Optimizing Geometries
=====================
.. : minima, transition states, crossings, and minimum energy paths
It is now useful to explore potential energy surfaces (PES) and optimize the molecular geometry for
specific points along the PES. Different cases are discussed including a way to obtain the optimal geometry
in a minimum energy search, to obtain a transition-state structure connecting different regions of
the PES, to find the crossing between two PES where the energy becomes degenerate, or to map
the minimum steepest-descent energy path (MEP) from an initial point to the final
a minimum energy geometry as the PES progresses in a downward manner.
All these types of searches can be performed either by fully optimizing all
degrees of freedom of the system or by introducing certain restrictions. |molcas| can perform
geometry optimizations at the SCF (RHF and UHF), DFT (RHF and UHF based), CASSCF (CASSCF and RASSCF) levels of theory,
where efficient analytical gradients are available and at the CASPT2 and other correlated levels where numerical
gradients are used.
Geometry optimizations require many cycles, in which the electronic energy is estimated at a specific
level of calculation followed by calculation of the gradient of the energy with respect to the geometric
degrees of freedom (DOF). With this information at hand, the program must decide if the molecule is
already at the final required geometry (i.e. gradient :math:`\sim` 0 for all
DOF) indicating a minimum in the PES or if the geometry must be modified
and continue the cycle. The input file should,
therefore, be built in a way that allows a loop over the different programs.
The general input commands :command:`Do while` and :command:`Enddo` control the loop
and program input is inserted within these commands. Instructions for the number of maximum iterations allowed and the type of output required can also be added.
(see :numref:`UG:sec:sysvar`)
.. The commands :command:`Set output file`, which prints output for each iterations and
in the :file:`$WorkDir` directory with the file name :file:`Structure.$iteration.output`, and
:command:`Set maxiter 100`, which sets maximum iterations to one hundred.
All examples previously discussed, use :kword:`COORD` keyword, but it also possible
to use *native format*, where symmetry unique atoms are specified (:kword:`SYMMETRY`)
and provide generators to construct all atoms in the molecule.
The selected example describes geometry optimization of the water molecule at the SCF RHF level
of calculation:
.. extractfile:: problem_based_tutorials/Water_distorted.xyz
3
coordinates for water molecule NOT in equilibrium
O 0.000000 0.000000 0.000000
H 0.758602 0.000000 0.504284
H 0.758602 0.000000 -0.504284
.. extractfile:: problem_based_tutorials/SCF.minimum_optimization.H2O.input
*SCF minimum energy optimization for H2O
*File: SCF.minimum_optimization.H2O
*
&GATEWAY
Title= H2O minimum optimization
coord=Water_distorted.xyz
basis=ANO-S-MB
group=C1
>>> Do while
&SEWARD ;&SCF; &SLAPAF
>>> EndDo
The sequence of programs employed includes :program:`GATEWAY` which is external to the loop, followed by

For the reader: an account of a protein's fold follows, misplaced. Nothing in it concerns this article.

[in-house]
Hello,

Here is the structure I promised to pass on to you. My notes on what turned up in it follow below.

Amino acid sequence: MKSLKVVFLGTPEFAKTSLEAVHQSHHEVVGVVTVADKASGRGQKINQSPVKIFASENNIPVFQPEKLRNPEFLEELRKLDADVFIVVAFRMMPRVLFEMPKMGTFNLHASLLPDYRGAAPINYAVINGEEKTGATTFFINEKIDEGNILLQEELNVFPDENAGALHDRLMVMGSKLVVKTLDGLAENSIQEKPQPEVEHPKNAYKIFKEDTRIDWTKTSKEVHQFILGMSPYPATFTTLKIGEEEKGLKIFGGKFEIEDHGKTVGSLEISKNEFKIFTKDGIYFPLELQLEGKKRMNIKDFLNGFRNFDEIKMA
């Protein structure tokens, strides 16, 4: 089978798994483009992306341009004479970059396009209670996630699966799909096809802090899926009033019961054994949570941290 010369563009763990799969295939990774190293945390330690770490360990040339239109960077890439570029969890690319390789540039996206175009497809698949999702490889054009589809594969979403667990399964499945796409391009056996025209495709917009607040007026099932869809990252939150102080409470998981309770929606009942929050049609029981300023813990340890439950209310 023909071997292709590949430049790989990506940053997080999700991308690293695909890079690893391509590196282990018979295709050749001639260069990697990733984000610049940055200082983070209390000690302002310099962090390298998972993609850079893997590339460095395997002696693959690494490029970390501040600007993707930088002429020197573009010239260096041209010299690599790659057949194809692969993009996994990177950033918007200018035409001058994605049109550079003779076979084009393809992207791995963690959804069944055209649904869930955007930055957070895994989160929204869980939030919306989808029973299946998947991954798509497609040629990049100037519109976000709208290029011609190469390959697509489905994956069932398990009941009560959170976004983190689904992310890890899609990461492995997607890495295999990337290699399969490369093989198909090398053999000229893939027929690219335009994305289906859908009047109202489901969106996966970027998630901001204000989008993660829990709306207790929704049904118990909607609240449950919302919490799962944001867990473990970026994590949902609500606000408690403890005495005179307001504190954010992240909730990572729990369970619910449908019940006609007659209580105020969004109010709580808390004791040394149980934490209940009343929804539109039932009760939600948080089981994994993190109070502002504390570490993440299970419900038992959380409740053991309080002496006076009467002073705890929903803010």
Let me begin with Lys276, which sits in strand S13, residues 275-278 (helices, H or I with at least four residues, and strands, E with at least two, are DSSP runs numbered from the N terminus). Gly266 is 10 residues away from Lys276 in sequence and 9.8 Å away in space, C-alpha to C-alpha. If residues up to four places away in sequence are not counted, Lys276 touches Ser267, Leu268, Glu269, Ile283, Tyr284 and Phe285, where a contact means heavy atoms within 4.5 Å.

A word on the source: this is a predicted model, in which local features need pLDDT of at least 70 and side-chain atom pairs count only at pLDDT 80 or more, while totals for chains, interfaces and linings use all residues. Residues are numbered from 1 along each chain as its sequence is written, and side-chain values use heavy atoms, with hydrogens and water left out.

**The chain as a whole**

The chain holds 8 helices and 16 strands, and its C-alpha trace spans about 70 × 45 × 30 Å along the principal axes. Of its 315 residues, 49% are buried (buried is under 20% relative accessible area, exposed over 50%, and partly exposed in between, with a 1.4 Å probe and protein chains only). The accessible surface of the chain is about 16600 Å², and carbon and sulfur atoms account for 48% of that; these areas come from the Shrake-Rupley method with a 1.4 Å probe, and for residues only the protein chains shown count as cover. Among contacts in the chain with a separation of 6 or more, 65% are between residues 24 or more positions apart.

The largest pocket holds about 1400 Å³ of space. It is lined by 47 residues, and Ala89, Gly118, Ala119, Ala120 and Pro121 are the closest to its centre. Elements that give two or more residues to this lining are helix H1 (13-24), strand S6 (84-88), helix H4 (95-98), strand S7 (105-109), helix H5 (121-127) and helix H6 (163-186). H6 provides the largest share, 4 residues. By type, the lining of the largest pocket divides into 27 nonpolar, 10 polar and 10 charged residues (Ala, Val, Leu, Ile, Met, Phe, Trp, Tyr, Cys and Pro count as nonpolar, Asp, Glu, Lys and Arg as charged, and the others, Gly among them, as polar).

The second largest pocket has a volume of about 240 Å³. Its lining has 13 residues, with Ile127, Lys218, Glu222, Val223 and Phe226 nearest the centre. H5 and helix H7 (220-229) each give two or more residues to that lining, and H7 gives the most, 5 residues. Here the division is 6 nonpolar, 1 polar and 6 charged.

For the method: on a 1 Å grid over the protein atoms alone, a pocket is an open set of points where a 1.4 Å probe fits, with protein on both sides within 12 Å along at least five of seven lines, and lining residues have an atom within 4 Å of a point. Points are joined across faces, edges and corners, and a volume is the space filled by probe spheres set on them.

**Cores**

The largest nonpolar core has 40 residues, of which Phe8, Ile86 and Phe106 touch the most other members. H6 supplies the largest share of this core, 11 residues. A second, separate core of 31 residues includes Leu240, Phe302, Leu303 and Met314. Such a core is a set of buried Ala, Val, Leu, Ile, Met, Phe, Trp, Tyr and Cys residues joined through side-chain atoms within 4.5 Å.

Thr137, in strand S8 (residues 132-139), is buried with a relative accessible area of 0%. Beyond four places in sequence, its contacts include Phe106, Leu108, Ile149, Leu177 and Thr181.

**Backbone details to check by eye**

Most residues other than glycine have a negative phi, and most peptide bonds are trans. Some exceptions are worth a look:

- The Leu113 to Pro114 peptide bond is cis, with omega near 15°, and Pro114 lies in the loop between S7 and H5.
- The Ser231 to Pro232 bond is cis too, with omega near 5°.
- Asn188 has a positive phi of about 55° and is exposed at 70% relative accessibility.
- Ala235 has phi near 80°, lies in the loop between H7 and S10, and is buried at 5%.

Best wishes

:program:`SEWARD`, :program:`SCF`, and :program:`SLAPAF`. :program:`SEWARD`
computes the integrals, :program:`SCF` program computes the RHF energy and wave
function, and :program:`SLAPAF` will control the calculation of gradients and
estimate if the calculation has already finished or needs to proceed to a new
nuclear geometry for the next iteration. Automatically, a file named
:file:`$Project.geo.molden` will be generated in :file:`$WorkDir` containing all the
geometric steps contained in the optimization process. :program:`MOLDEN` or :program:`LUSCUS` can
then read this file to display the individual molecular geometries which form the optimization cycle.
Using another reference wave function can be simply performed by changing the sequence of
programs. For instance, we can perform an UHF calculation of the :math:`\ce{H2O^+}`
cation:
.. extractfile:: problem_based_tutorials/UHF.minimum_optimization.H2Oplus.input
*UHF minimum energy optimization for H2O+
*File: UHF.minimum_optimization.H2Oplus
*
&GATEWAY
Title= H2O minimum optimization
coord=Water_distorted.xyz
basis=ANO-S-MB
group=C1
>> Do while
&SEWARD
&SCF; Title="H2O minimum optimization"; UHF; Charge=1
&SLAPAF
>> EndDo
The same procedure can be followed if we pretend to perform a DFT geometry optimization:
.. extractfile:: problem_based_tutorials/DFT.minimum_optimization.H2O.input
*DFT minimum energy optimization for H2O
*File: DFT.minimum_optimization.H2O
*
&GATEWAY
Title= H2O minimum optimization
coord=Water_distorted.xyz
basis=ANO-S-MB
group=C1
>>> Export MOLCAS_MAXITER=100
>>> Do while
&SEWARD
&SCF ; Title="H2O minimum optimization"; KSDFT=B3LYP
&SLAPAF &END
>>> EndDo
Once an energy minimum is found based on the calculation of gradients, it is necessary to
ensure that the geometry really is a minimum energy point. This can be only
accomplished by computing second derivatives of the energy (i.e. the Hessian).
|molcas| can compute analytical Hessians for SCF and single state
CASSCF wave functions. For other methods, numerical procedures can be used
to compute the Hessian. Once the Hessian is computed, vibrational
frequencies are calculated, and Statistical Mechanics is used to obtain thermodynamic
properties. At a true energy minimum, there will be :math:`3N-6` real frequencies
Program :program:`MCKINLEY` computes second derivatives
of a predefined (SCF or CASSCF) wave function, while :program:`MCLR` performs
the vibrational and statistical analyses. |molcas| simply requires input for
the :program:`MCKINLEY` program to perform the entire calculation by using keywords